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The species in nature


The importance of gene flow
Ernst Mayr Scientist
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The uniformity of species I had ascribed entirely due to gene flow. And I was very much attacked by Ehrlich and a co-author, Holm I guess it was, saying there… there was very little gene flow. Well, he has been… he was working with a butterfly that lives in isolated colonies at high altitudes in the Rocky Mountains and, indeed, that particular species doesn't have very much gene flow. But… so there was no need for me to reduce the emphasis in gene flow as much as I had done in this 1970 volume. More recent work has come out by various authors which show that in a majority of species there is indeed a great deal of gene flow and they have confirmed something that I had mentioned in my ’63 volume and I think even earlier, that there is a… a certain amount of so-called polymorphism for dispersal facility. In every population, I claimed certain individuals have a tendency to stay right where they are, they are totally philopatric, as the term is that I had coined. Another percentage of individuals, perhaps the majority scatter a certain amount between birth and the time they reproduce, but not very far. And then there is a small minority of individuals who go far away, hundreds of miles and settle down there. I first found this in banding results of German birds, but it has now been confirmed by Drosophila and… and other organisms. So, gene flow indeed occurs a great deal. On the other hand, I introduced in my 1970 edition another explanation for the uniformity of species and that is that, simply, that the genotype that, as I had always emphasized, has a certain cohesion, also, therefore has certain conservative aspects. It is very difficult to change a genotype very drastically even by geographic variation.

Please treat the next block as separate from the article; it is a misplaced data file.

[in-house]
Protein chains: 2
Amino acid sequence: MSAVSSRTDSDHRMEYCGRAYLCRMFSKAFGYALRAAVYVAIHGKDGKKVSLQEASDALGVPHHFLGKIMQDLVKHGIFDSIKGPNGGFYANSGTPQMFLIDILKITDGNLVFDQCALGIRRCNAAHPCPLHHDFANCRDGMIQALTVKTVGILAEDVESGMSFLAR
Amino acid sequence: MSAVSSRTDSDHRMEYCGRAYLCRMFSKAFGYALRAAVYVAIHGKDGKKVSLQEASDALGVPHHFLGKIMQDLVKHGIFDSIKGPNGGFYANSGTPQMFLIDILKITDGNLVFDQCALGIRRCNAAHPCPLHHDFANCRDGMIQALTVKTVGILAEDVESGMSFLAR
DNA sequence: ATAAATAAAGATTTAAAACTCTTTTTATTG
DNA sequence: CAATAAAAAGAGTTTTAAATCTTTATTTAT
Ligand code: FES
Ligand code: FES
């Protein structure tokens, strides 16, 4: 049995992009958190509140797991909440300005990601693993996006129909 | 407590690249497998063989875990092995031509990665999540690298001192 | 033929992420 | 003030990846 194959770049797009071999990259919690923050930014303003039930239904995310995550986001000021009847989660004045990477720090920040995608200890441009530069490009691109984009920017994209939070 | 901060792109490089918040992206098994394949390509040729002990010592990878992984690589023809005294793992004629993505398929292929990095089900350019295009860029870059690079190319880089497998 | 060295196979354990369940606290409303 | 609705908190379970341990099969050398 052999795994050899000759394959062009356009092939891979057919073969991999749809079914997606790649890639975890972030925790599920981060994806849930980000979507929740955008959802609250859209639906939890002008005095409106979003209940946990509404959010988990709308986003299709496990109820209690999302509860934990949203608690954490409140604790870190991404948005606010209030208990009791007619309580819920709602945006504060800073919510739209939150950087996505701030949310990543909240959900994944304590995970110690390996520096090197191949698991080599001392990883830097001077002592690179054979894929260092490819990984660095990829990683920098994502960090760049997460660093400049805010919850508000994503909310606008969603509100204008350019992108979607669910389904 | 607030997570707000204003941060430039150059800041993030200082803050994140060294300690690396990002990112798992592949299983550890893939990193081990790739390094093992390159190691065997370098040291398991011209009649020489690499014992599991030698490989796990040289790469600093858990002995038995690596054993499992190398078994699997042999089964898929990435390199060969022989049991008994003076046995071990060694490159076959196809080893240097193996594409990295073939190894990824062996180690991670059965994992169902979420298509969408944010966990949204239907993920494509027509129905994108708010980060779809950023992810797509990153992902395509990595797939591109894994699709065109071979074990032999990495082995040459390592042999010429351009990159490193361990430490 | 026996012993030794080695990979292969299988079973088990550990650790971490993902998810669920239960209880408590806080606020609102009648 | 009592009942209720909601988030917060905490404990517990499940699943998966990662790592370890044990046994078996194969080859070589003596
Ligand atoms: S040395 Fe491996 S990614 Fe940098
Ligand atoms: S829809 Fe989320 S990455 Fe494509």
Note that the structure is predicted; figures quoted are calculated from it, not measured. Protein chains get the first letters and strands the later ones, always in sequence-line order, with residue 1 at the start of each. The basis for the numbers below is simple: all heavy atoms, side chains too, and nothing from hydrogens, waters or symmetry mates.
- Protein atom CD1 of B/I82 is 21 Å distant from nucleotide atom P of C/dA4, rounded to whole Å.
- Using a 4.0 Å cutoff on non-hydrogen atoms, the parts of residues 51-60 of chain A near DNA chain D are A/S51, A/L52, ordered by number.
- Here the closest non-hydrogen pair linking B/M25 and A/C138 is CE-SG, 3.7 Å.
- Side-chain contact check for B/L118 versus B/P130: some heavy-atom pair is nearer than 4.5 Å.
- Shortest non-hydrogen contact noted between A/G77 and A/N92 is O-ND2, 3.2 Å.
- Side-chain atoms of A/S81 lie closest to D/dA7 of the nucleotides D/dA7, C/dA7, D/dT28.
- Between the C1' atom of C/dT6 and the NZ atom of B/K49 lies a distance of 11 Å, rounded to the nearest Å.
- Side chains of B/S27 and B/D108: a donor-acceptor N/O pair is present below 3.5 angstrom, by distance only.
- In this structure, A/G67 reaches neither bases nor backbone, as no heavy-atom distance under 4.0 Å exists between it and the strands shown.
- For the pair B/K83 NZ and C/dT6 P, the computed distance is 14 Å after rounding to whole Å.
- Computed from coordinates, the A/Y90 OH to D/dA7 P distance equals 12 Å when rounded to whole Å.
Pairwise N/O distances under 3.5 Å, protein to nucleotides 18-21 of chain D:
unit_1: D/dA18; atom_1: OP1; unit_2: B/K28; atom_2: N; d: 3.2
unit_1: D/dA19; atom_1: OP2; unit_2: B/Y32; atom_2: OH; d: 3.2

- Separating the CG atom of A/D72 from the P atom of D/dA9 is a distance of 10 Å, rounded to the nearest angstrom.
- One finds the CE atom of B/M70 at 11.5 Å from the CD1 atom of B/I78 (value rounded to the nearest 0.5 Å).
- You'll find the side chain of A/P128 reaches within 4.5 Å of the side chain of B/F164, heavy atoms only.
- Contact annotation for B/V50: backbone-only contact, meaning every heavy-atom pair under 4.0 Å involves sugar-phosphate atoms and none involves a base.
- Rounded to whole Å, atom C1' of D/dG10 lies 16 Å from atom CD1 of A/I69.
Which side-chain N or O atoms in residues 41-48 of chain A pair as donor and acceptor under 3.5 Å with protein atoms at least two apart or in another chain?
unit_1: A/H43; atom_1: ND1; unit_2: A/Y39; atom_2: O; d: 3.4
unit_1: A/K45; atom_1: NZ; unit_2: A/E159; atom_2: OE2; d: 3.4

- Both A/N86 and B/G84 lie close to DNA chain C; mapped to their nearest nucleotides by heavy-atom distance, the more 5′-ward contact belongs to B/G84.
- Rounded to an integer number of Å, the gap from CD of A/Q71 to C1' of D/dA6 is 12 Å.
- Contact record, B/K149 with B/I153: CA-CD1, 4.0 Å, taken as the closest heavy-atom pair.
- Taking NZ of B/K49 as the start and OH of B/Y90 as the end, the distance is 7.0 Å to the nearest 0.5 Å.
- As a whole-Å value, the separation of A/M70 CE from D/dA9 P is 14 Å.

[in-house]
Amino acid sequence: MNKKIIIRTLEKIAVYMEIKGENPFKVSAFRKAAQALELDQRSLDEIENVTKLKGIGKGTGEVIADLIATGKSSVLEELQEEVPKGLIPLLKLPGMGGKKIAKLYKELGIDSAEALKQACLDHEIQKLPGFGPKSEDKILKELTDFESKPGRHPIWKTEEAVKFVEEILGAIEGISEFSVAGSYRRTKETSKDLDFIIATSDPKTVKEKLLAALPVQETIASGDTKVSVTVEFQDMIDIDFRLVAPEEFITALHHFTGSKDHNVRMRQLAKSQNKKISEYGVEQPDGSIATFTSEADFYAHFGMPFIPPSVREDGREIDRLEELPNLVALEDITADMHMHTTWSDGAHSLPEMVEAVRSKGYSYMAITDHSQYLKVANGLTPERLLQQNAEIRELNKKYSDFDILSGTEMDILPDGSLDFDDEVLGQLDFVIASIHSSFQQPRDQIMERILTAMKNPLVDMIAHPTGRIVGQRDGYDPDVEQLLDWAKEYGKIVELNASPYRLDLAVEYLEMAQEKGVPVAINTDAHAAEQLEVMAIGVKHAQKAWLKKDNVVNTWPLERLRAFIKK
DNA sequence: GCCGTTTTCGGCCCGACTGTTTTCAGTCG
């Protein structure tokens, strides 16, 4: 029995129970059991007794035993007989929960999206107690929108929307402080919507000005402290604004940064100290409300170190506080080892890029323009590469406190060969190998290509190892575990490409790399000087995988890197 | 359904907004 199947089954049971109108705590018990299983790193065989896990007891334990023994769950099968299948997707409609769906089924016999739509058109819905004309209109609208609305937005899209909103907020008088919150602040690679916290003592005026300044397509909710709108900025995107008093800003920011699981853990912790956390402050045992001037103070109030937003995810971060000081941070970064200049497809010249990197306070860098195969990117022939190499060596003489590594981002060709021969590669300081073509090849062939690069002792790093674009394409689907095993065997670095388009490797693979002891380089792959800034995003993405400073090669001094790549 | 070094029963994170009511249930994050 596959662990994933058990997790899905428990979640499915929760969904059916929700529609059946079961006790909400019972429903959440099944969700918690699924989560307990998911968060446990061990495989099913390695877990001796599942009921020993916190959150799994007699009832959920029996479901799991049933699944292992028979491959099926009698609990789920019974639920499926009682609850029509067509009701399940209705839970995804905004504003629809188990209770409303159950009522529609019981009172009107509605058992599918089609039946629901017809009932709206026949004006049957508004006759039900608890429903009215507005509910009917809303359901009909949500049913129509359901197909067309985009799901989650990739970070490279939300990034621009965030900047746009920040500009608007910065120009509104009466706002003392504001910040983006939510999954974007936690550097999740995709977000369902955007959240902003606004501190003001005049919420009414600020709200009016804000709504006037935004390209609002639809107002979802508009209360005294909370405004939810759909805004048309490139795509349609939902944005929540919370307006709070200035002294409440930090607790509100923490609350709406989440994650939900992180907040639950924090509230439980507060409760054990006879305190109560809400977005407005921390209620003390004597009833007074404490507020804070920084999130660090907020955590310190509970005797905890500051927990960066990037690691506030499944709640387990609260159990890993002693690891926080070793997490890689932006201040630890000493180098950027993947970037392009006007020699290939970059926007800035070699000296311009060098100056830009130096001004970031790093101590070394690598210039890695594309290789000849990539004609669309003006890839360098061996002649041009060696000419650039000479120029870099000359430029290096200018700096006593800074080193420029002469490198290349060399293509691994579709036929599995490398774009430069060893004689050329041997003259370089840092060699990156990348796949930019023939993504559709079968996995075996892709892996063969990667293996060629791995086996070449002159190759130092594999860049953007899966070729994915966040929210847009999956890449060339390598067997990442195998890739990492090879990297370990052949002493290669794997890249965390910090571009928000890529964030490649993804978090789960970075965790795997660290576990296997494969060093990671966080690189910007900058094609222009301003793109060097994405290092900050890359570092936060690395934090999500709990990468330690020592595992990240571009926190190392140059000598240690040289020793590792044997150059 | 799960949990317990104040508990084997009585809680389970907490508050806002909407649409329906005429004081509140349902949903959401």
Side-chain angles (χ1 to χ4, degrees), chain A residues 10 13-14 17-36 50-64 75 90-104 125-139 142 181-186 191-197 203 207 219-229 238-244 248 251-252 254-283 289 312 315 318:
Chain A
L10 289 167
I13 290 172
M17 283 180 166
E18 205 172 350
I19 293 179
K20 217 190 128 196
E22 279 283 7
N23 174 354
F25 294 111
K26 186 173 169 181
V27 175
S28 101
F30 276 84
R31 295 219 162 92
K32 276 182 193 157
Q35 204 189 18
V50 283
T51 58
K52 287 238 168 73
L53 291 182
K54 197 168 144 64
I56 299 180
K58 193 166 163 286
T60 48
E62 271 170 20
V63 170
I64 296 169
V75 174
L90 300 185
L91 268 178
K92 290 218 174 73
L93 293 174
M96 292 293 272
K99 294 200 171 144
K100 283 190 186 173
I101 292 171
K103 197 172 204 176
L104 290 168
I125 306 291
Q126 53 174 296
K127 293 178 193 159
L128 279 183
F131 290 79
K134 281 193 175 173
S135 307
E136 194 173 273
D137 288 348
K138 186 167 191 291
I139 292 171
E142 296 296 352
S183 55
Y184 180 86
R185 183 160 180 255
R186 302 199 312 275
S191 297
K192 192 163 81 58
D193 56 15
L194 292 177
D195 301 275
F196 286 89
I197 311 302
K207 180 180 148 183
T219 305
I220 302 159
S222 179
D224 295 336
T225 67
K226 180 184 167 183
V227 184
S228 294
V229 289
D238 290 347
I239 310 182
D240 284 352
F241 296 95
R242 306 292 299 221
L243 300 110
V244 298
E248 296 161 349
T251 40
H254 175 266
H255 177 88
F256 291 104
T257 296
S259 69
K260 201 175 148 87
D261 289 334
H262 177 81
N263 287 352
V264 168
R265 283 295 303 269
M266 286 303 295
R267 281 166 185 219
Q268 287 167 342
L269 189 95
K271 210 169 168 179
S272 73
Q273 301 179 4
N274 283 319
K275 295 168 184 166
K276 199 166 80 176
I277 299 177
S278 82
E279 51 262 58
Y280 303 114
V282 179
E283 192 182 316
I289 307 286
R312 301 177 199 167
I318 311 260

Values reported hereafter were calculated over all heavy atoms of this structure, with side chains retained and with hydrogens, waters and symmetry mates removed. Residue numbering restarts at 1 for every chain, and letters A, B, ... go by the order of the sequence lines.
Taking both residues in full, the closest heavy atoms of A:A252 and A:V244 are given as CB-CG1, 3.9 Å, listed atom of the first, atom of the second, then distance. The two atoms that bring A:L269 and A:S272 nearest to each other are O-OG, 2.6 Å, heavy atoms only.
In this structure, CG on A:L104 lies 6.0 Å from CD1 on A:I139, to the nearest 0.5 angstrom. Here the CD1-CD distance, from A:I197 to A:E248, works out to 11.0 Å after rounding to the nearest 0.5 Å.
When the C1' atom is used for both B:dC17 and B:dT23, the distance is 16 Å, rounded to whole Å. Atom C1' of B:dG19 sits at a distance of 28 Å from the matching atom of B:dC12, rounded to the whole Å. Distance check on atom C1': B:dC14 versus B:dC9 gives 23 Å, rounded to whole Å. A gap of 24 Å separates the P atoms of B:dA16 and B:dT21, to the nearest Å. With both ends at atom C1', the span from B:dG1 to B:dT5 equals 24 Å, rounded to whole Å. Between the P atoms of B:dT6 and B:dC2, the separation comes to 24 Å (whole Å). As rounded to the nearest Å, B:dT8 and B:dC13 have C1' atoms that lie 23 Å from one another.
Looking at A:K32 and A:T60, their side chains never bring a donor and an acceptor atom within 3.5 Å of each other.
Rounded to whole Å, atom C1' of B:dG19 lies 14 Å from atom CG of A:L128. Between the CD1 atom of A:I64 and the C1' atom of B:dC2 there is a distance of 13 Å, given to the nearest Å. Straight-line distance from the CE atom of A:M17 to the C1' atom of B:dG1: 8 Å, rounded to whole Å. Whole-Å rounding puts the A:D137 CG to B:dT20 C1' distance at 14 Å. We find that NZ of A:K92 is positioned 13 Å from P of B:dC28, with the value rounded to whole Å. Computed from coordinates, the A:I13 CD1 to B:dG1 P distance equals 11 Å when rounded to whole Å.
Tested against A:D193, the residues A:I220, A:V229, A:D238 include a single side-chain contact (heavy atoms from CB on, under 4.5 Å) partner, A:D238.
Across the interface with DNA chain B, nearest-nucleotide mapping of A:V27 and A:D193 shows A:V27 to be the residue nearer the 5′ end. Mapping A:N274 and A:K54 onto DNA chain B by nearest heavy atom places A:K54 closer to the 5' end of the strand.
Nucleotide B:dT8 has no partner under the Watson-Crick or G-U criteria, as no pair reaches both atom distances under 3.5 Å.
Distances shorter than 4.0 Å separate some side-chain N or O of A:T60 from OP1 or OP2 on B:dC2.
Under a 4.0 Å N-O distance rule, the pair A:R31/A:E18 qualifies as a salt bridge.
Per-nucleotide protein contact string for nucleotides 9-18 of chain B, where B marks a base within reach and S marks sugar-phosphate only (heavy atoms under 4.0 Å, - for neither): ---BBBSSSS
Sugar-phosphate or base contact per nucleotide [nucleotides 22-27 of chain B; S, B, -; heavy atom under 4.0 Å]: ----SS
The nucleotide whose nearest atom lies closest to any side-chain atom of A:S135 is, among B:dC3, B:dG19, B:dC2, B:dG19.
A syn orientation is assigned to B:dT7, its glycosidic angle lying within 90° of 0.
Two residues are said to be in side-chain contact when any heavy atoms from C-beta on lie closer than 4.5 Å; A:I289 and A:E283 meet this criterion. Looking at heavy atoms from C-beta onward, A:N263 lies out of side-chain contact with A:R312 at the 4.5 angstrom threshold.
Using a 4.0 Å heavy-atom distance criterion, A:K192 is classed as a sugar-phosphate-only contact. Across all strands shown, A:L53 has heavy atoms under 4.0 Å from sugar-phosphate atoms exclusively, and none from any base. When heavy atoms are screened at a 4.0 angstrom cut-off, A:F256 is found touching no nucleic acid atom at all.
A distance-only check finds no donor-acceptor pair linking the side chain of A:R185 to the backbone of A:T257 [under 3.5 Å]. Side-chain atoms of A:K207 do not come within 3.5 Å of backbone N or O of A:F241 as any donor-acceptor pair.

The late German-American biologist Ernst Mayr (1904-2005) was a leading light in the field of evolutionary biology, gaining a PhD at the age of 21. He was also a tropical explorer and ornithologist who undertook an expedition to New Guinea and collected several thousand bird skins. In 1931 he accepted a curatorial position at the American Museum of Natural History. During his time at the museum, aged 37, he published his seminal work 'Systematics and Origin of the Species' which integrated the theories of Darwin and Mendel and is considered one of his greatest works.

Listeners: Walter J. Bock

Walter J. Bock is Professor of Evolutionary Biology at Columbia University. He received his B.Sc. from Cornell and his M.A. and Ph.D. from Harvard. His research lies in the areas of organismal and evolutionary biology, with a special emphasis on functional and evolutionary morphology of the skeleto-muscular system, specifically the feeding apparatus of birds.

Tags: Rocky Mountains, 1970, 1963, Paul R Ehrlich, Richard W Holm

Duration: 2 minutes, 16 seconds

Date story recorded: October 1997

Date story went live: 24 January 2008